The association between the Surf Life Saving movement and the military began in its infancy, and on Wednesday thousands of club members will pause to remember the sacrifice and contribution that these lifesavers made to the Australian way of life.
Lifesavers have seen action in every major conflict from the Second Boer War through to Afghanistan.
They’ve served all over the world, though sadly not all returned to their home beaches.
For those that survived, particularly from the First World War, they went on to make significant contributions to the organisation.
In fact their return coincided with a surge in the popularity of the ocean as swimming and later surfing would eventually become an accepted part of an Aussie summer.
It’s thought that around 9,000 lifesavers nationwide have served in the Australian Military over the years with at least 800 laying down their lives for causes they believed in.
The historical record shows that on Anzac Day in 1915 there were 9 club members killed in the first wave on the shores of Gallipoli, and of those 6 were from NSW.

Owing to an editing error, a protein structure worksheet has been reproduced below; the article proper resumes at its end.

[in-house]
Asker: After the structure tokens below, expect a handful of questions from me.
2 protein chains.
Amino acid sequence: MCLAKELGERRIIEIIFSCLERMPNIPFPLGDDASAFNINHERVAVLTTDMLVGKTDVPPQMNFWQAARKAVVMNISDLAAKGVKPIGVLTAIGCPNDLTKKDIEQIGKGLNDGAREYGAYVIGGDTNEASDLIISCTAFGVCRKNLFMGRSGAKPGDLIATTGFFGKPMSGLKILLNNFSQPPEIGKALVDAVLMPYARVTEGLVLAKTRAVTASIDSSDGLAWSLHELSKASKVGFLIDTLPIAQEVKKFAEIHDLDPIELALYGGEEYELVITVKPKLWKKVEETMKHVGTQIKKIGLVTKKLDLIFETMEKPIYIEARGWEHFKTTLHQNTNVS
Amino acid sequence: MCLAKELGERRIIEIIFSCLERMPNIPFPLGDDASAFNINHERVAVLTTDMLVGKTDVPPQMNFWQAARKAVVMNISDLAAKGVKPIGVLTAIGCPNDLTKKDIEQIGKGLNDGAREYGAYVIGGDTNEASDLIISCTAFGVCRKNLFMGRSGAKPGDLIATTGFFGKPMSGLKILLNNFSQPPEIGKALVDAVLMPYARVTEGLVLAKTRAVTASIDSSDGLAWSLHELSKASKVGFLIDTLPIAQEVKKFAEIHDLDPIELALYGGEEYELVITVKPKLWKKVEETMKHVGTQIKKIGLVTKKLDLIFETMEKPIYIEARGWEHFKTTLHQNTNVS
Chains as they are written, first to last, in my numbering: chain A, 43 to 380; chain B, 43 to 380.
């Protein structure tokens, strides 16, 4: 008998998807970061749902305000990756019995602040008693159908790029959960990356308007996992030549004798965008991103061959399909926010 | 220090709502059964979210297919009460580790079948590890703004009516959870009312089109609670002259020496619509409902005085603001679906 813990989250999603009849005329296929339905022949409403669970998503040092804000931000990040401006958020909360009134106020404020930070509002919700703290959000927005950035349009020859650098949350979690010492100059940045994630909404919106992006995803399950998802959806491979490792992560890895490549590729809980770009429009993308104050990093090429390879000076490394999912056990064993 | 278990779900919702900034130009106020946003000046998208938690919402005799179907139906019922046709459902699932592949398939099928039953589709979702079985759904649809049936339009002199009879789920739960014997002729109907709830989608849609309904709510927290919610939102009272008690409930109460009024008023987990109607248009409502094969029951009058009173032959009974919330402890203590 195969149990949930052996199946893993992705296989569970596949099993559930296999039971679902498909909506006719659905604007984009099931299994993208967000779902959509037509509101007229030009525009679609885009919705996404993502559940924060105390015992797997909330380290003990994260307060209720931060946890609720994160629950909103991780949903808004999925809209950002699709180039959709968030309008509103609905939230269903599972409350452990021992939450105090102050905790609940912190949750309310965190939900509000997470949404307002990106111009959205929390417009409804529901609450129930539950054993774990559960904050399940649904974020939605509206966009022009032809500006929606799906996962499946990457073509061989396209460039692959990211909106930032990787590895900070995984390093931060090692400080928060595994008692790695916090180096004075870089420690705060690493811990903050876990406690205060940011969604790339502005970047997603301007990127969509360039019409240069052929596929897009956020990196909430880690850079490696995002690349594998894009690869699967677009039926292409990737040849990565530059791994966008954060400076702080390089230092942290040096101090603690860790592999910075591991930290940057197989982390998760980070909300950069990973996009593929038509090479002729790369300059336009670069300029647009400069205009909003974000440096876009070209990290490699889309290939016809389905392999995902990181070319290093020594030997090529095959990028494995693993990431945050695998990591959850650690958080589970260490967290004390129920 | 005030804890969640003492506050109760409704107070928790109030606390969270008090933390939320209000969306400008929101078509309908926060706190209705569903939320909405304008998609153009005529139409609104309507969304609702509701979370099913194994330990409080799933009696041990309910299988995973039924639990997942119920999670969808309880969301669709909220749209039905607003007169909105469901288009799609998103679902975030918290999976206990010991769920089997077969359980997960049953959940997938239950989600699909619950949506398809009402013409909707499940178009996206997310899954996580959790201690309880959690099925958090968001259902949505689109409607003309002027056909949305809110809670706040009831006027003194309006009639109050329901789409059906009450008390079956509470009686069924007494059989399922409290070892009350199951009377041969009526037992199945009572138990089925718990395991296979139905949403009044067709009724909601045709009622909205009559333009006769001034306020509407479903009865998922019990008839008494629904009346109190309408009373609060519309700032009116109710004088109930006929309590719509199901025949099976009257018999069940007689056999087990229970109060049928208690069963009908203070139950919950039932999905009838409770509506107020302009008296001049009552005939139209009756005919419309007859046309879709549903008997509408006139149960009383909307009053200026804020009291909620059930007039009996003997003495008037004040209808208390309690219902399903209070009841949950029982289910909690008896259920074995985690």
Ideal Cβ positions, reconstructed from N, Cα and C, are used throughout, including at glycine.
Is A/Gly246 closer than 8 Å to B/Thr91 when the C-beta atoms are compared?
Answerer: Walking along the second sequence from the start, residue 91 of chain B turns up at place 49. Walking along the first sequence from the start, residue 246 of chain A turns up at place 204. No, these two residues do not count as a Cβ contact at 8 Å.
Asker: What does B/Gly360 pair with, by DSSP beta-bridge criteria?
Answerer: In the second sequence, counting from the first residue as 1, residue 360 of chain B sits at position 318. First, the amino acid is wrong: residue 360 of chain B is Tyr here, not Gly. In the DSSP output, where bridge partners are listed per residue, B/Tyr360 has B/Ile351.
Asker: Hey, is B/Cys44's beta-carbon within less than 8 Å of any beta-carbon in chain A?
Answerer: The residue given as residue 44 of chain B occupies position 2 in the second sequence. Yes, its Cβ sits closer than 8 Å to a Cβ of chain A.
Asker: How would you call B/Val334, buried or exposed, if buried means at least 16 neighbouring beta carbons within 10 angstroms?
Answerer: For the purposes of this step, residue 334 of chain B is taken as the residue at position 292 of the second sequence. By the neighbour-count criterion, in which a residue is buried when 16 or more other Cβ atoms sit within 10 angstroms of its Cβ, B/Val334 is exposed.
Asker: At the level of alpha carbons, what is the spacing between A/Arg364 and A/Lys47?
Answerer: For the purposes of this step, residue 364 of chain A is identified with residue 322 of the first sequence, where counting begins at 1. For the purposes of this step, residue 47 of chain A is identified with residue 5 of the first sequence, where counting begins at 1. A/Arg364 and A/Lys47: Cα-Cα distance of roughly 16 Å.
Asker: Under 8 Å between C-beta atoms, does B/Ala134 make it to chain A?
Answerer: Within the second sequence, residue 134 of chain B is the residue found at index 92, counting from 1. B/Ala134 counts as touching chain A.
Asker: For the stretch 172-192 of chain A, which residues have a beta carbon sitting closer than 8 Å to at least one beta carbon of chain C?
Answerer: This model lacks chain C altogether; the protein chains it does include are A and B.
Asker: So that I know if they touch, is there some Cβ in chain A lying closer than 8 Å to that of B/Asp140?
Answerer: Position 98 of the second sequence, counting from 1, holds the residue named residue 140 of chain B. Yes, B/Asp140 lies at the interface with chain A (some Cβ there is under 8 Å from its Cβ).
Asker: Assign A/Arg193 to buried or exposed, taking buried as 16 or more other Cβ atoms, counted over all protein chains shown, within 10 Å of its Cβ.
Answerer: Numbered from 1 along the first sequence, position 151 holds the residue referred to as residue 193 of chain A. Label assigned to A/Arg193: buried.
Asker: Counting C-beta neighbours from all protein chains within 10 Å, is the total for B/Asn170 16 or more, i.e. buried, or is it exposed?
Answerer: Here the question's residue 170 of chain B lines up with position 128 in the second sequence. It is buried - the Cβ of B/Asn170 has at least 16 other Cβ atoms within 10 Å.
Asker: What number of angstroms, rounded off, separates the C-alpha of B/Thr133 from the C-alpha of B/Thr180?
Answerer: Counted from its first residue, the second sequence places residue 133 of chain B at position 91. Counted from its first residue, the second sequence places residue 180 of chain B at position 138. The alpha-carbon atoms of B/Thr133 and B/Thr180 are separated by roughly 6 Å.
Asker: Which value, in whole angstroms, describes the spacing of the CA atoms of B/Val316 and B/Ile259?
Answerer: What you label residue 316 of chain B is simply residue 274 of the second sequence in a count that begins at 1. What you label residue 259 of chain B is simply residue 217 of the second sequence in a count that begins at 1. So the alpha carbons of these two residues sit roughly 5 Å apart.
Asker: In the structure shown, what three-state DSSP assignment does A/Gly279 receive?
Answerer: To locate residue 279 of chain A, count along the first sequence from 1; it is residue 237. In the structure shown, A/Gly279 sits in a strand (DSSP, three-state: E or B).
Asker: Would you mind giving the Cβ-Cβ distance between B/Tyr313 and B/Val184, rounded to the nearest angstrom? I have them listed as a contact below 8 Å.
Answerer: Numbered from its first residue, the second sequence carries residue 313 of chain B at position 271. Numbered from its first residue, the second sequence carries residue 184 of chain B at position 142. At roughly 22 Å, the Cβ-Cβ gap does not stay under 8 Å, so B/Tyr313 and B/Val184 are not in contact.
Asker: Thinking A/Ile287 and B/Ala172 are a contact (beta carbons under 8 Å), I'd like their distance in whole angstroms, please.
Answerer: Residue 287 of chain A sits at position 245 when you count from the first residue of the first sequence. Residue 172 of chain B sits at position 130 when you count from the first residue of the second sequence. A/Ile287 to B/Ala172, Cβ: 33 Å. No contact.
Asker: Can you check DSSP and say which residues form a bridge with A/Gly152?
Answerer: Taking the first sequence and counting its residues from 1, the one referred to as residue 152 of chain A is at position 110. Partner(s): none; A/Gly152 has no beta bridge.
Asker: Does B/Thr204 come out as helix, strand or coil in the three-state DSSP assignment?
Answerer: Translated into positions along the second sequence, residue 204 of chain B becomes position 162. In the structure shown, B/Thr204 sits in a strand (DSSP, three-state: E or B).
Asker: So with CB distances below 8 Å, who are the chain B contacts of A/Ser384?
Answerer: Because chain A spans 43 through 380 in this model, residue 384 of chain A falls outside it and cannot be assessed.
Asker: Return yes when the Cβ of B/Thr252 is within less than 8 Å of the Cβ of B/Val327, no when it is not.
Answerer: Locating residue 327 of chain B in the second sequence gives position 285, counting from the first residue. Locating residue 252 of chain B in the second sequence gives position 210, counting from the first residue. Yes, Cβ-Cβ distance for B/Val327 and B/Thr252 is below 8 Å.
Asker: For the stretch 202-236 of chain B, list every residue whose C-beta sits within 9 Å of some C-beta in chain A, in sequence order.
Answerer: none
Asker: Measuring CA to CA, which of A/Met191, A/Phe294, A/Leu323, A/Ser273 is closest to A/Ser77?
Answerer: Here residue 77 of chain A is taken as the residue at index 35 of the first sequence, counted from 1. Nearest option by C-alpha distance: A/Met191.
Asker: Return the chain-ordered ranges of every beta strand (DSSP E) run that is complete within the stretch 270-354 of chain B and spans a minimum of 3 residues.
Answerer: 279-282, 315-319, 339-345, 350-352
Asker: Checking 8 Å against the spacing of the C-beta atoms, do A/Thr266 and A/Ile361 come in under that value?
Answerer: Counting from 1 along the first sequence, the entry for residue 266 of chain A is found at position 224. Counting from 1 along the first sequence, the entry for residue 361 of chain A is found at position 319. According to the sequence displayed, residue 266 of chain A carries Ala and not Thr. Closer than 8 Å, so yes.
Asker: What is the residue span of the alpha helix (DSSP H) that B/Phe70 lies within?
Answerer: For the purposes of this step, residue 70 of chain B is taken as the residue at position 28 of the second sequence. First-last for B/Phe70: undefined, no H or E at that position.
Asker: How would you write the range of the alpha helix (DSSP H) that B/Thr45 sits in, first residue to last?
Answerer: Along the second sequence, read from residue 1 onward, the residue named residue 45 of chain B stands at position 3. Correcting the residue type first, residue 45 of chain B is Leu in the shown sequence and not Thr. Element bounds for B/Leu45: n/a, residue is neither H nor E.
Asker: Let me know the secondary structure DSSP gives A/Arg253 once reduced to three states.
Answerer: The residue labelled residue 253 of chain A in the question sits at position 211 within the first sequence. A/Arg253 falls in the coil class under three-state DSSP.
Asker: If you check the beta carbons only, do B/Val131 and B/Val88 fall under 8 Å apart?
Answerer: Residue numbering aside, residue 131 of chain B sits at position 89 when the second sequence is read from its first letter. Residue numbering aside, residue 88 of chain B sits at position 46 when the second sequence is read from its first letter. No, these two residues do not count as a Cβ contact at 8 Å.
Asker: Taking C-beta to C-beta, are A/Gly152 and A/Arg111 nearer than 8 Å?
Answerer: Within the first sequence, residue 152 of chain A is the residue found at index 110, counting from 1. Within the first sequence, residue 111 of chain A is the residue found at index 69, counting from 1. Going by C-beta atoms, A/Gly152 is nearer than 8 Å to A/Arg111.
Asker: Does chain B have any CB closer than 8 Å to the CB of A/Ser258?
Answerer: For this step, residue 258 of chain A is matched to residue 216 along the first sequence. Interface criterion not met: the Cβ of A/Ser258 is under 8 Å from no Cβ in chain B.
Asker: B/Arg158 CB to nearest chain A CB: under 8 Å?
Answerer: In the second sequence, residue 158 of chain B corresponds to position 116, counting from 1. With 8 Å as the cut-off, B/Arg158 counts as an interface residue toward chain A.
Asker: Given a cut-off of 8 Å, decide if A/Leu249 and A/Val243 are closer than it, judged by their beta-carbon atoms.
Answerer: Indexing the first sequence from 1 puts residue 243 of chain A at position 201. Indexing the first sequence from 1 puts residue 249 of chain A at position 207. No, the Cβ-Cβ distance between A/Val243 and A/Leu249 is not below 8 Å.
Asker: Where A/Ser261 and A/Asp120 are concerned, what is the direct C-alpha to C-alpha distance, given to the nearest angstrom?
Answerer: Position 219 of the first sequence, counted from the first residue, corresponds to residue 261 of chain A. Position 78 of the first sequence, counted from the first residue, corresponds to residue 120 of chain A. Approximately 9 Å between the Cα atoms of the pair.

They were among the first of 200 lifesavers lost in The Great War and a further 300 in World War Two.
NSW clubs also lost members in Vietnam, Korea, and Afghanistan among others and their names aren’t lost to history with many adorning boards in surf clubs around the state.
“It’s important that we acknowledge and remember the sacrifices our members made during times of war,” said Surf Life Saving NSW CEO Steven Pearce.
“They are part of the history of Surf Life Saving and to all our current and former members who have served we thank them for their efforts to not only our organisation but to the wider community,” he said.
Many dawn services will be held at surf clubs across NSW tomorrow including at the Fallen Lifesavers memorial at Coogee, and in addition lifesavers will be on patrol keeping a watchful eye on beachgoers.
Tuesday 24 April 2018